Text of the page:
April 25, 2017
By Sister Marci Hermesdorf, OP
For all of us at Dominican, April marks the end of another academic year. For some, it means the end of their time at Dominican and the beginning of a new phase on their life’s journey. Change—exciting and perhaps a little scary—is in the air.
For me, an English professor, April has additional significance, as it is National Poetry Month. Every day I receive from a friend via email a different poem—some are familiar to me, either because I have taught them or because they are part of my own poetry collection. One of the unfamiliar poems I received recently is “Patient Trust,” by Pierre Teilhard de Chardin, a Jesuit priest, who was both a scientist and a poet. I couldn’t help but think how appropriate his words are for us at this moment when we end one phase of our journeys and begin a new one –either a permanent change, like a new job, a new home, or some new adventure— or a temporary one—like summer vacation. So I offer this poem/prayer to all of us, who live in a culture of multitasking, instant gratification, and skepticism:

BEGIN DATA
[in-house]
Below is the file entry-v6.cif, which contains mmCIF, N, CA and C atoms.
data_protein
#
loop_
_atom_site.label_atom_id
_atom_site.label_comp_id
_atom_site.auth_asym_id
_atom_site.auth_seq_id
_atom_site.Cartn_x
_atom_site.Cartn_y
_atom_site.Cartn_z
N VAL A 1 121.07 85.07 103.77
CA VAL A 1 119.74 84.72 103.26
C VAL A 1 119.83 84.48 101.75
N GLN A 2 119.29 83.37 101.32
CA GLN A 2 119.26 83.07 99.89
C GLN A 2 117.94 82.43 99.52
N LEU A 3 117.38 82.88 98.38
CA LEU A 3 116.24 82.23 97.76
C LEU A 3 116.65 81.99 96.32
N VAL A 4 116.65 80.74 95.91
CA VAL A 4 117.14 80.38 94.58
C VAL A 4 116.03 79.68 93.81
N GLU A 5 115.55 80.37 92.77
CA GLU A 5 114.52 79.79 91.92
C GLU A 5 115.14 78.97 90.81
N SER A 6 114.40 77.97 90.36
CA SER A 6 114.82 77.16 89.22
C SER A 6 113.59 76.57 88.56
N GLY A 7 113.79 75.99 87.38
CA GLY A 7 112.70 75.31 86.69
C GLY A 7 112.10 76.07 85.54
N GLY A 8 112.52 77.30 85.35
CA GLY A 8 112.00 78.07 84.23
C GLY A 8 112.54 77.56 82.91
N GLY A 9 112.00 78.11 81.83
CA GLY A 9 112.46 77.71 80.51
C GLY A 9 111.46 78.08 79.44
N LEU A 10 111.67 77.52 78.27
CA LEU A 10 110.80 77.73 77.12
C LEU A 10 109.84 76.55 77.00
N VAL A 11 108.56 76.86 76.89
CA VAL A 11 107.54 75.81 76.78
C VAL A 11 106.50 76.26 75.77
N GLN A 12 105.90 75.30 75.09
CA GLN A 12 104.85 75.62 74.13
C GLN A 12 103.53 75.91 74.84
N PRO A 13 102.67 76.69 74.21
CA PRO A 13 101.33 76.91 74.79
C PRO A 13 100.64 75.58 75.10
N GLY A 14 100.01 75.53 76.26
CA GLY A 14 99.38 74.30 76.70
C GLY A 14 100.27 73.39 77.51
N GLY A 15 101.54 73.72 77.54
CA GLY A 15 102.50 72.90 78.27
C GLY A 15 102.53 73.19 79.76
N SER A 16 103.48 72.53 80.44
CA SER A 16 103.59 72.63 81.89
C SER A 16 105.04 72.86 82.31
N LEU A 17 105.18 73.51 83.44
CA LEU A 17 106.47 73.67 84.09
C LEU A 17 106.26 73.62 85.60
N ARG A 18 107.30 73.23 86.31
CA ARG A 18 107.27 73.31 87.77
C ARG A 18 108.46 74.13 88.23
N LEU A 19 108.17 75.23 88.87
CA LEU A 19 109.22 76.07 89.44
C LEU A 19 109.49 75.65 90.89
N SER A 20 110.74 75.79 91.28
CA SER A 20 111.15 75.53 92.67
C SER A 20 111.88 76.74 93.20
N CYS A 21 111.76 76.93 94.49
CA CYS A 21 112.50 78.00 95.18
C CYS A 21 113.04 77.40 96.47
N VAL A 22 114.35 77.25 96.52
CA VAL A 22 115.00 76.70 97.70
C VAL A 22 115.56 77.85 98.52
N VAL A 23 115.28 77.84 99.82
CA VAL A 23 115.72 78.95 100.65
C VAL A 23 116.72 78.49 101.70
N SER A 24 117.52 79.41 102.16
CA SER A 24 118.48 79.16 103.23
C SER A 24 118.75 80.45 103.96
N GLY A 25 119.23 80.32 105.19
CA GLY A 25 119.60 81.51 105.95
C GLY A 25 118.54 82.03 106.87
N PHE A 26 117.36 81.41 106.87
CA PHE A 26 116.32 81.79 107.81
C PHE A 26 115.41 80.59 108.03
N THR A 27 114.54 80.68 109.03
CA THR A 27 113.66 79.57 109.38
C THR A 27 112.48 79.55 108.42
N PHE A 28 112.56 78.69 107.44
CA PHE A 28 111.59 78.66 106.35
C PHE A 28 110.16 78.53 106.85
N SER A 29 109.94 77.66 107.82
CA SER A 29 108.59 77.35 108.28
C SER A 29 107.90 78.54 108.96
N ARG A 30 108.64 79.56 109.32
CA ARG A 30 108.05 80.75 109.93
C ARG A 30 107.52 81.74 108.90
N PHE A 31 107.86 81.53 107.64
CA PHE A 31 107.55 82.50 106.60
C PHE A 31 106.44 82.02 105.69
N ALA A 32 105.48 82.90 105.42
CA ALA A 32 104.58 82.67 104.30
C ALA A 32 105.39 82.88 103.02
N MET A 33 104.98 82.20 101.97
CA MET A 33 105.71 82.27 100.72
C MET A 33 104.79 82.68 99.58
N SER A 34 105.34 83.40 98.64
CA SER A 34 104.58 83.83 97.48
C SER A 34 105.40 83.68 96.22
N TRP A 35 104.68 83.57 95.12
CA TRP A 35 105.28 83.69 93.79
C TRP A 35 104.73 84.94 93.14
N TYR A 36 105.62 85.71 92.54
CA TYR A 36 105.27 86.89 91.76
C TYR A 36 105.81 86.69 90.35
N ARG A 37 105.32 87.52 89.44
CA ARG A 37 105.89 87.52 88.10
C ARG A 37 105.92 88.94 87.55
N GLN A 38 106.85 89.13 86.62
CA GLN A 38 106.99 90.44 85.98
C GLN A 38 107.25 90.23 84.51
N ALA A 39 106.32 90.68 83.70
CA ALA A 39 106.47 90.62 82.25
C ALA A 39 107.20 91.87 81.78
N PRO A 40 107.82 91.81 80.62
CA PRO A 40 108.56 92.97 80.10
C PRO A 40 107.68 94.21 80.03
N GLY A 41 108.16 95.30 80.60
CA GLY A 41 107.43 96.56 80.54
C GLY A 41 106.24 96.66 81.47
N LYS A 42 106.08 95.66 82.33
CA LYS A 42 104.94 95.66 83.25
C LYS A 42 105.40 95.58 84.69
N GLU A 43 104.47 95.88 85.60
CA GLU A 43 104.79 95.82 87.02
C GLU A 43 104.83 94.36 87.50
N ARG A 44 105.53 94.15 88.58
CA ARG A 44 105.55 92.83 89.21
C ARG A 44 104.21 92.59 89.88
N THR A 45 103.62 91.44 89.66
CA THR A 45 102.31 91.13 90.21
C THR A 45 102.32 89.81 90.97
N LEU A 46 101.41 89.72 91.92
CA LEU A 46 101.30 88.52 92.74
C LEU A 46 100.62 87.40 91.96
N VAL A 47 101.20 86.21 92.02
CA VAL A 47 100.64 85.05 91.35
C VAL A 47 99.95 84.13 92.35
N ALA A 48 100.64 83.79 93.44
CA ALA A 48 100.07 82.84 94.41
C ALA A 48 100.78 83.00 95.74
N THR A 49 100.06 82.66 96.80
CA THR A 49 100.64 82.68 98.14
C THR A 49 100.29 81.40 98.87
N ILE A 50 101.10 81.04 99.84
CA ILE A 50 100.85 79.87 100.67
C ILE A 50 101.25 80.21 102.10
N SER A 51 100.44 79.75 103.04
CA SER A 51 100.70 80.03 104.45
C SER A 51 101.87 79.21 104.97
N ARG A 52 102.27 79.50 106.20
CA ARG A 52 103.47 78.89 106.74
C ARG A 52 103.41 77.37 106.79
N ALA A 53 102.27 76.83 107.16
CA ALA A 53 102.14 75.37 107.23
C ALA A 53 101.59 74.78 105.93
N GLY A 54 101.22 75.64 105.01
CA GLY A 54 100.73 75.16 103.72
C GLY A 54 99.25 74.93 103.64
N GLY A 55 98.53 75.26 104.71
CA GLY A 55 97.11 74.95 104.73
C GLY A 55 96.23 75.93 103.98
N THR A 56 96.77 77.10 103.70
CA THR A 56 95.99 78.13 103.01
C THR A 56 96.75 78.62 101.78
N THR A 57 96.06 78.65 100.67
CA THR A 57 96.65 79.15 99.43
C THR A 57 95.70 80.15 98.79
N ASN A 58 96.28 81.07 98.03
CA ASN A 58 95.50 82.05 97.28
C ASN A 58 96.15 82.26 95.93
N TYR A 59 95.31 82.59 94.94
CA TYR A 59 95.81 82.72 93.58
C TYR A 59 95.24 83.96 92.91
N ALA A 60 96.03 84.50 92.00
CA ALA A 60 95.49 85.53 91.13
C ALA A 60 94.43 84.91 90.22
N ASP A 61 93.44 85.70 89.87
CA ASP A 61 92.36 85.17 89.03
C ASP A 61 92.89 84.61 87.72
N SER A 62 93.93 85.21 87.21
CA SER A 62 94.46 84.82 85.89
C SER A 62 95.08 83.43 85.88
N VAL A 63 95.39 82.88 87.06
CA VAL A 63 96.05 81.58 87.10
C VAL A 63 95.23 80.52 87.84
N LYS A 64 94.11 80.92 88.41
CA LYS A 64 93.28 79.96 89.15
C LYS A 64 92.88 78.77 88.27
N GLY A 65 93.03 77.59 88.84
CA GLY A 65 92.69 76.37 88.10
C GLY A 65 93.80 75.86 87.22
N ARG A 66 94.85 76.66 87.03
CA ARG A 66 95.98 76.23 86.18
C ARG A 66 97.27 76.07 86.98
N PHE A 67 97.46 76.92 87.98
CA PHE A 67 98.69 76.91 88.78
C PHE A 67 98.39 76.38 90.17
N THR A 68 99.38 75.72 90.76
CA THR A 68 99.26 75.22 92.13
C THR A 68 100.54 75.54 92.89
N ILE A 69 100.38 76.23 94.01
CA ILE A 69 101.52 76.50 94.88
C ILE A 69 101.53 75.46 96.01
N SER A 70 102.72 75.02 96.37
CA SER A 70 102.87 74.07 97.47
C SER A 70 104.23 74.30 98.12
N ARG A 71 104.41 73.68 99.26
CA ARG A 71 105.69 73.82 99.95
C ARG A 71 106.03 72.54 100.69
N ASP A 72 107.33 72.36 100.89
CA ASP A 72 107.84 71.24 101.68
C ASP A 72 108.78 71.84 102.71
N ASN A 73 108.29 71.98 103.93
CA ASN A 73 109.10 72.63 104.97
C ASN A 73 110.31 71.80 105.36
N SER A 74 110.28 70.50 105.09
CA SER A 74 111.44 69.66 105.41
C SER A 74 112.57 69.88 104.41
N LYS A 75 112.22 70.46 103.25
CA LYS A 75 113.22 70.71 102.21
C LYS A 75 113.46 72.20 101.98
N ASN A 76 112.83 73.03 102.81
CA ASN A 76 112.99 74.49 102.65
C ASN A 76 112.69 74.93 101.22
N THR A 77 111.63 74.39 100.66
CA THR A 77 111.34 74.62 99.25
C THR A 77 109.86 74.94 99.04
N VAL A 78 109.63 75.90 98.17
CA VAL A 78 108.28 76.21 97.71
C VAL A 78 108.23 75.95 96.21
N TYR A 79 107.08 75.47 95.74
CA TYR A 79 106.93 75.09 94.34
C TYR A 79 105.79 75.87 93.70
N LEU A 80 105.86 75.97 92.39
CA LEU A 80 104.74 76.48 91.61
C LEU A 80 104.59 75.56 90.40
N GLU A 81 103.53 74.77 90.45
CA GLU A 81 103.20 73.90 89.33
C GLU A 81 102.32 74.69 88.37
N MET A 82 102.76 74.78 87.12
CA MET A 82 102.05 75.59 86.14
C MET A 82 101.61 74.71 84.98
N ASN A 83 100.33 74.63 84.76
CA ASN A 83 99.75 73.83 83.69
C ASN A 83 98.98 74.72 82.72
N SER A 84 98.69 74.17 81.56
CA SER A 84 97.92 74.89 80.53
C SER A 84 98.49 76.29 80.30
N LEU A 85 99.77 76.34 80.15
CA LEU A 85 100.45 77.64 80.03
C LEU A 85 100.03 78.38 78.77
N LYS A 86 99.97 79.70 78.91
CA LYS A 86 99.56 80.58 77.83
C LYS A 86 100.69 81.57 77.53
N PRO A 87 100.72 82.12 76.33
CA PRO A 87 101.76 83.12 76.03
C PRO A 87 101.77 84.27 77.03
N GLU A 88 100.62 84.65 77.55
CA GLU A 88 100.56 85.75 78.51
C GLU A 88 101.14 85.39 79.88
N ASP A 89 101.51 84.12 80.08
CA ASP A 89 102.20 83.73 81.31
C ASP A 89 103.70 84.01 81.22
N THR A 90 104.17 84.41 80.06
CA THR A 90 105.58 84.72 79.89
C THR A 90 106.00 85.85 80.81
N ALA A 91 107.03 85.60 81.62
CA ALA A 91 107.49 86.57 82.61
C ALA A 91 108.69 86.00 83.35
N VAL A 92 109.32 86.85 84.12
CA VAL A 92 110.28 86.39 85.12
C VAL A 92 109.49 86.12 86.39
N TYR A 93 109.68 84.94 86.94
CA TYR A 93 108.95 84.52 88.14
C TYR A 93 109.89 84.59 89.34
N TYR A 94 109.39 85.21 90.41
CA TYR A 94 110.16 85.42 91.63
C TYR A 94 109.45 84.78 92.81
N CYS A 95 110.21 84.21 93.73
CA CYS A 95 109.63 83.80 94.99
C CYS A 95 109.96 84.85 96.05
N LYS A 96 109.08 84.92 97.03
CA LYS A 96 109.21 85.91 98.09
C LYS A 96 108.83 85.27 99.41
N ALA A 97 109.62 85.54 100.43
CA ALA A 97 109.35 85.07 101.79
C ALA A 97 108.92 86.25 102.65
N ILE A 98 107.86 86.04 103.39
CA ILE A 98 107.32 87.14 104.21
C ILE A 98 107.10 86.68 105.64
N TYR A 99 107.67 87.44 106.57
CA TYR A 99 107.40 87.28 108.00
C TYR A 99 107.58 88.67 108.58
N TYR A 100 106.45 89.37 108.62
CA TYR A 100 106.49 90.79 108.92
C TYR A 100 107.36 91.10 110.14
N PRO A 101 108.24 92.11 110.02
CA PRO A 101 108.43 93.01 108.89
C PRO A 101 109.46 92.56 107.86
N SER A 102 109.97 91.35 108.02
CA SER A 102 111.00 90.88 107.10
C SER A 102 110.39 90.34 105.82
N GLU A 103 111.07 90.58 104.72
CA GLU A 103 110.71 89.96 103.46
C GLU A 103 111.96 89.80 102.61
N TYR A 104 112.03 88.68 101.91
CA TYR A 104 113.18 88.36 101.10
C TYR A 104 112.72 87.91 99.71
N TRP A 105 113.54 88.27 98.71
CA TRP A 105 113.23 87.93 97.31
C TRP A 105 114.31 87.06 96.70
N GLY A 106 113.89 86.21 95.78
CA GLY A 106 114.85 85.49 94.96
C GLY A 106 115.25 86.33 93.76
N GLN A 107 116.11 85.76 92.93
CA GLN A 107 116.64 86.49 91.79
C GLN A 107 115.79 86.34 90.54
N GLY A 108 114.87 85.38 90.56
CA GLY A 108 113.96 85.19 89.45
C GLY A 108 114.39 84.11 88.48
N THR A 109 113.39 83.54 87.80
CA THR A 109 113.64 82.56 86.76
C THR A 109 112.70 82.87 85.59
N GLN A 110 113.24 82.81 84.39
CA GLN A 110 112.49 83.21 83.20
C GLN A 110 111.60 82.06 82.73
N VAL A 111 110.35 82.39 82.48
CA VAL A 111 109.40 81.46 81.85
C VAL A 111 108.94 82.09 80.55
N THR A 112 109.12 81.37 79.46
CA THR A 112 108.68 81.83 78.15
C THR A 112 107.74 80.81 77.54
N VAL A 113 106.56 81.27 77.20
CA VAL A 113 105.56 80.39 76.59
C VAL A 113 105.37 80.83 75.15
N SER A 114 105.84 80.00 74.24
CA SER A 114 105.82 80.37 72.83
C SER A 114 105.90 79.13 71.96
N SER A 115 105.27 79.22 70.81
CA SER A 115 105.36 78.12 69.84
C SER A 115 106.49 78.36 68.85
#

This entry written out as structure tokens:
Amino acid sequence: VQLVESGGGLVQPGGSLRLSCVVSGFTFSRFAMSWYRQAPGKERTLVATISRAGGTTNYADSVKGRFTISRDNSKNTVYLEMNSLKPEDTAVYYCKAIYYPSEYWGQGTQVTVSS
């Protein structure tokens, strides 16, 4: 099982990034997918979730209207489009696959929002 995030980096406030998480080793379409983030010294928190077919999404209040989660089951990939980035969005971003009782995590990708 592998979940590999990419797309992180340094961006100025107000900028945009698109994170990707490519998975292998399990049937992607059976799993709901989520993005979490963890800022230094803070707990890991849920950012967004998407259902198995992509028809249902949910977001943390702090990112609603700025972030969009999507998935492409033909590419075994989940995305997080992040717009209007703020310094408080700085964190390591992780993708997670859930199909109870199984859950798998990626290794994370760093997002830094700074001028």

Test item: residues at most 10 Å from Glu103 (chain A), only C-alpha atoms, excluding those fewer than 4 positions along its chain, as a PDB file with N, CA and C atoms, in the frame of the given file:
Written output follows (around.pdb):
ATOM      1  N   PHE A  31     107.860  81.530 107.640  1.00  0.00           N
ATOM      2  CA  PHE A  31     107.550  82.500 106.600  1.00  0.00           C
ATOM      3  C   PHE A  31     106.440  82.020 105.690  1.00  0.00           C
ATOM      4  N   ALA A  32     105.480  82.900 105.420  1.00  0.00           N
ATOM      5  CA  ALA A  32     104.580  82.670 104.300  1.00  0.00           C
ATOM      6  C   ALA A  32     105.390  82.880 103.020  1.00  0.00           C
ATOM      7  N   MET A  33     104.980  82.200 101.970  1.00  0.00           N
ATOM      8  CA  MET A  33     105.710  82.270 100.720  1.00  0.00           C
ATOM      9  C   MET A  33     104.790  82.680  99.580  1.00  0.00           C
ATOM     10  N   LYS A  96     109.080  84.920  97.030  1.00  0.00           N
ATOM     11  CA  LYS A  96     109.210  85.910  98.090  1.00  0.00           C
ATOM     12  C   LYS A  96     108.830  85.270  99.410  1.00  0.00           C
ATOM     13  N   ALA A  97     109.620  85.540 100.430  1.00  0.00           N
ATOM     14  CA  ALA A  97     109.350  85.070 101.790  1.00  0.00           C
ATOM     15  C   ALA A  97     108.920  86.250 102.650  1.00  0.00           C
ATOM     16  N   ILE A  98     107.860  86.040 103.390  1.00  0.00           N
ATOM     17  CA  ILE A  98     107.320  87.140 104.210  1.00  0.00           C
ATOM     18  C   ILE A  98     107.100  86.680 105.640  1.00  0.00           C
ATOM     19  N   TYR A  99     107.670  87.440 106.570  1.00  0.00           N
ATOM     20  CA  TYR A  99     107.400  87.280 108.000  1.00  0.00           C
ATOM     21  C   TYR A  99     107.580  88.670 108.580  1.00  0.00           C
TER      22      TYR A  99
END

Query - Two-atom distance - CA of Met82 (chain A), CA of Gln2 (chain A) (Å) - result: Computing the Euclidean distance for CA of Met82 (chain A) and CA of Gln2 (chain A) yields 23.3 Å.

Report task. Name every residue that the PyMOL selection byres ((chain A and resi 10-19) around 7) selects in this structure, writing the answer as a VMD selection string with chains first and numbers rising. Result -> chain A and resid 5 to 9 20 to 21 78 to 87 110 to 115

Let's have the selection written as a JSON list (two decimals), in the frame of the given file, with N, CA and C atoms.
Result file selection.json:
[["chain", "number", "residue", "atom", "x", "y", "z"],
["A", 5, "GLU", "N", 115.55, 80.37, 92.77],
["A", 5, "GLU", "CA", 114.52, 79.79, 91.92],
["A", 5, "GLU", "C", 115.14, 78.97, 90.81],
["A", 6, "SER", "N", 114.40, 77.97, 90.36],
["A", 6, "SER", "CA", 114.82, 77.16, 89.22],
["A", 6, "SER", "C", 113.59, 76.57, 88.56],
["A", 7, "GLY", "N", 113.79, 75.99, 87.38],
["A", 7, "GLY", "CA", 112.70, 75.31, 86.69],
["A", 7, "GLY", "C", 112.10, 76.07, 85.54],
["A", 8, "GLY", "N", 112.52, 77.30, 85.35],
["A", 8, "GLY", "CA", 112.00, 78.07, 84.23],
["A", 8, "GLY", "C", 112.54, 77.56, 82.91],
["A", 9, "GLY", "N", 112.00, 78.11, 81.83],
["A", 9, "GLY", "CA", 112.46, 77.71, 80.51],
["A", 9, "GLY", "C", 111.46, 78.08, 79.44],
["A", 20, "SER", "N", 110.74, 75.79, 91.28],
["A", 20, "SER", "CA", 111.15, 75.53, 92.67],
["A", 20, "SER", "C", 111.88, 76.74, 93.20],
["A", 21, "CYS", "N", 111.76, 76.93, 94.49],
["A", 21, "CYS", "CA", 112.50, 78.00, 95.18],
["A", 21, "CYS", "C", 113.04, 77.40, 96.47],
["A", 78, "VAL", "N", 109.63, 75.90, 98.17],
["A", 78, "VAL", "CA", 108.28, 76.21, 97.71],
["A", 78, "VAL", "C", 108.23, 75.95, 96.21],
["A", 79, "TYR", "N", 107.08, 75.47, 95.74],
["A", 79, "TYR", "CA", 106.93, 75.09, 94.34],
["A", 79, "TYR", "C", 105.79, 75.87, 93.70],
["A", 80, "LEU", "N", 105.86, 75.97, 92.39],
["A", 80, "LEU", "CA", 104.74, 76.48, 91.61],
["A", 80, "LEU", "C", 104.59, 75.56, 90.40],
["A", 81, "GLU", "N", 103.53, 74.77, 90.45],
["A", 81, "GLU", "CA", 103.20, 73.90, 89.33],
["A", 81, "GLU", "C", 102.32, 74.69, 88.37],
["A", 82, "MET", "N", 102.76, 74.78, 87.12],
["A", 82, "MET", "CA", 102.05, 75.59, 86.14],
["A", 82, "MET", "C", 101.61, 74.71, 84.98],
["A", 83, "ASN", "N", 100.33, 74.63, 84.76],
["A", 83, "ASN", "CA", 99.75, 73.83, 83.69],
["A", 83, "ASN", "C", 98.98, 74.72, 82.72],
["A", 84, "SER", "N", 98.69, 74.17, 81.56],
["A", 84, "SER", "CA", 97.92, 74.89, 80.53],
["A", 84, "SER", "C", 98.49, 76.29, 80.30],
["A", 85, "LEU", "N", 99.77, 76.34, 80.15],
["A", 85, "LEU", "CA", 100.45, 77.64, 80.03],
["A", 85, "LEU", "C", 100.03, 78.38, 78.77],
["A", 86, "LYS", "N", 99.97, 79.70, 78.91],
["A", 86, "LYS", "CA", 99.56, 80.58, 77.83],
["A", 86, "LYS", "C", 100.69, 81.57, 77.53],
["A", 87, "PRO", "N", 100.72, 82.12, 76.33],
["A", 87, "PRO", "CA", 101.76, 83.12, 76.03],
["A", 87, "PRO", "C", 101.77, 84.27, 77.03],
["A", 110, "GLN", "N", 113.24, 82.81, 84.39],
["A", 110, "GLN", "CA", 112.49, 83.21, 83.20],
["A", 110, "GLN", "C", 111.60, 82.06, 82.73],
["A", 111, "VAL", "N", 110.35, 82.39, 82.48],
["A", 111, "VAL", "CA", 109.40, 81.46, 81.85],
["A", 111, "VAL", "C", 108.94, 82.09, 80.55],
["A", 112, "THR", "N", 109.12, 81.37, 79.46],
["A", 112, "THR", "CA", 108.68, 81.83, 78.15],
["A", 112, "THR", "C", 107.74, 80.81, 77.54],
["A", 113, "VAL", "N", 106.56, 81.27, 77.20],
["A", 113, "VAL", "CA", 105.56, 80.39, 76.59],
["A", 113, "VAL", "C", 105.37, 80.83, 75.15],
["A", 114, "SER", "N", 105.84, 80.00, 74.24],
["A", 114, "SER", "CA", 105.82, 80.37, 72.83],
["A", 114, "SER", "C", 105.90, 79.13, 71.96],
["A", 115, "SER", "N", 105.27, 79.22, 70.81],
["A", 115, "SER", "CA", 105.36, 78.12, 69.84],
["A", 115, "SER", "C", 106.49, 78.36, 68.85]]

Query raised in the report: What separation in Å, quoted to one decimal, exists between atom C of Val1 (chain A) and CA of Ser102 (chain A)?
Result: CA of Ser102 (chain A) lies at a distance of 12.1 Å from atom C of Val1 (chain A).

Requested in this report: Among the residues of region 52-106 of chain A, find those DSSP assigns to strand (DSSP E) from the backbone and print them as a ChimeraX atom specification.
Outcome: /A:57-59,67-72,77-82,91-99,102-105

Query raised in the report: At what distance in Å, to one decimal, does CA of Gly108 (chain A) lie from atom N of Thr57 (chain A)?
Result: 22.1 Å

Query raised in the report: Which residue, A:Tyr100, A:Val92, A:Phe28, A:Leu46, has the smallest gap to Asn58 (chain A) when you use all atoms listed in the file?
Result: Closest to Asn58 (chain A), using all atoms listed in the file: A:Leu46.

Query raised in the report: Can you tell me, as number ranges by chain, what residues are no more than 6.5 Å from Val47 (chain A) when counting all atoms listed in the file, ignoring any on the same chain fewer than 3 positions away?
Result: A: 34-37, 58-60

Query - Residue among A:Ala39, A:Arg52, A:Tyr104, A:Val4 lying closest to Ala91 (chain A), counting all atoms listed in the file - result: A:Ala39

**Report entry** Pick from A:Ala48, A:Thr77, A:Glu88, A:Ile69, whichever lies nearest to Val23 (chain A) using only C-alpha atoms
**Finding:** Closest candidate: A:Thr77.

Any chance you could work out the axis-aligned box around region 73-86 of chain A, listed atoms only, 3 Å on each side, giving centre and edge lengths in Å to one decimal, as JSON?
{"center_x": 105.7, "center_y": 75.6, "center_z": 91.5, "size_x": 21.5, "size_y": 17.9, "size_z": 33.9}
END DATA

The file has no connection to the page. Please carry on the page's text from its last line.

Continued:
Above all, trust in the slow work of God.
We are quite naturally impatient in everything
to reach the end without delay.
We should like to skip the intermediate stages.
We are impatient of being on the way
to something unknown, something new.
And yet it is the law of all progress
that it is made by passing through
some stages of instability—
and that it may take a very long time.
And so I think it is with you;
your ideas mature gradually—let them grow,
let them shape themselves, without undue haste.
Don’t try to force them on,
as though you could be today what time
(that is to say, grace and circumstances
acting on your own good will)
will make of you tomorrow.
Only God could say what this new spirit
gradually forming within you will be.
Give Our Lord the benefit of believing
that his hand is leading you,
and accept the anxiety of feeling yourself
in suspense and incomplete.
Pierre Teilhard de Chardin, SJ. From Hearts on Fire: Praying with Jesuits. Ed. Michael Harter. Loyola Press: Chicago, March2005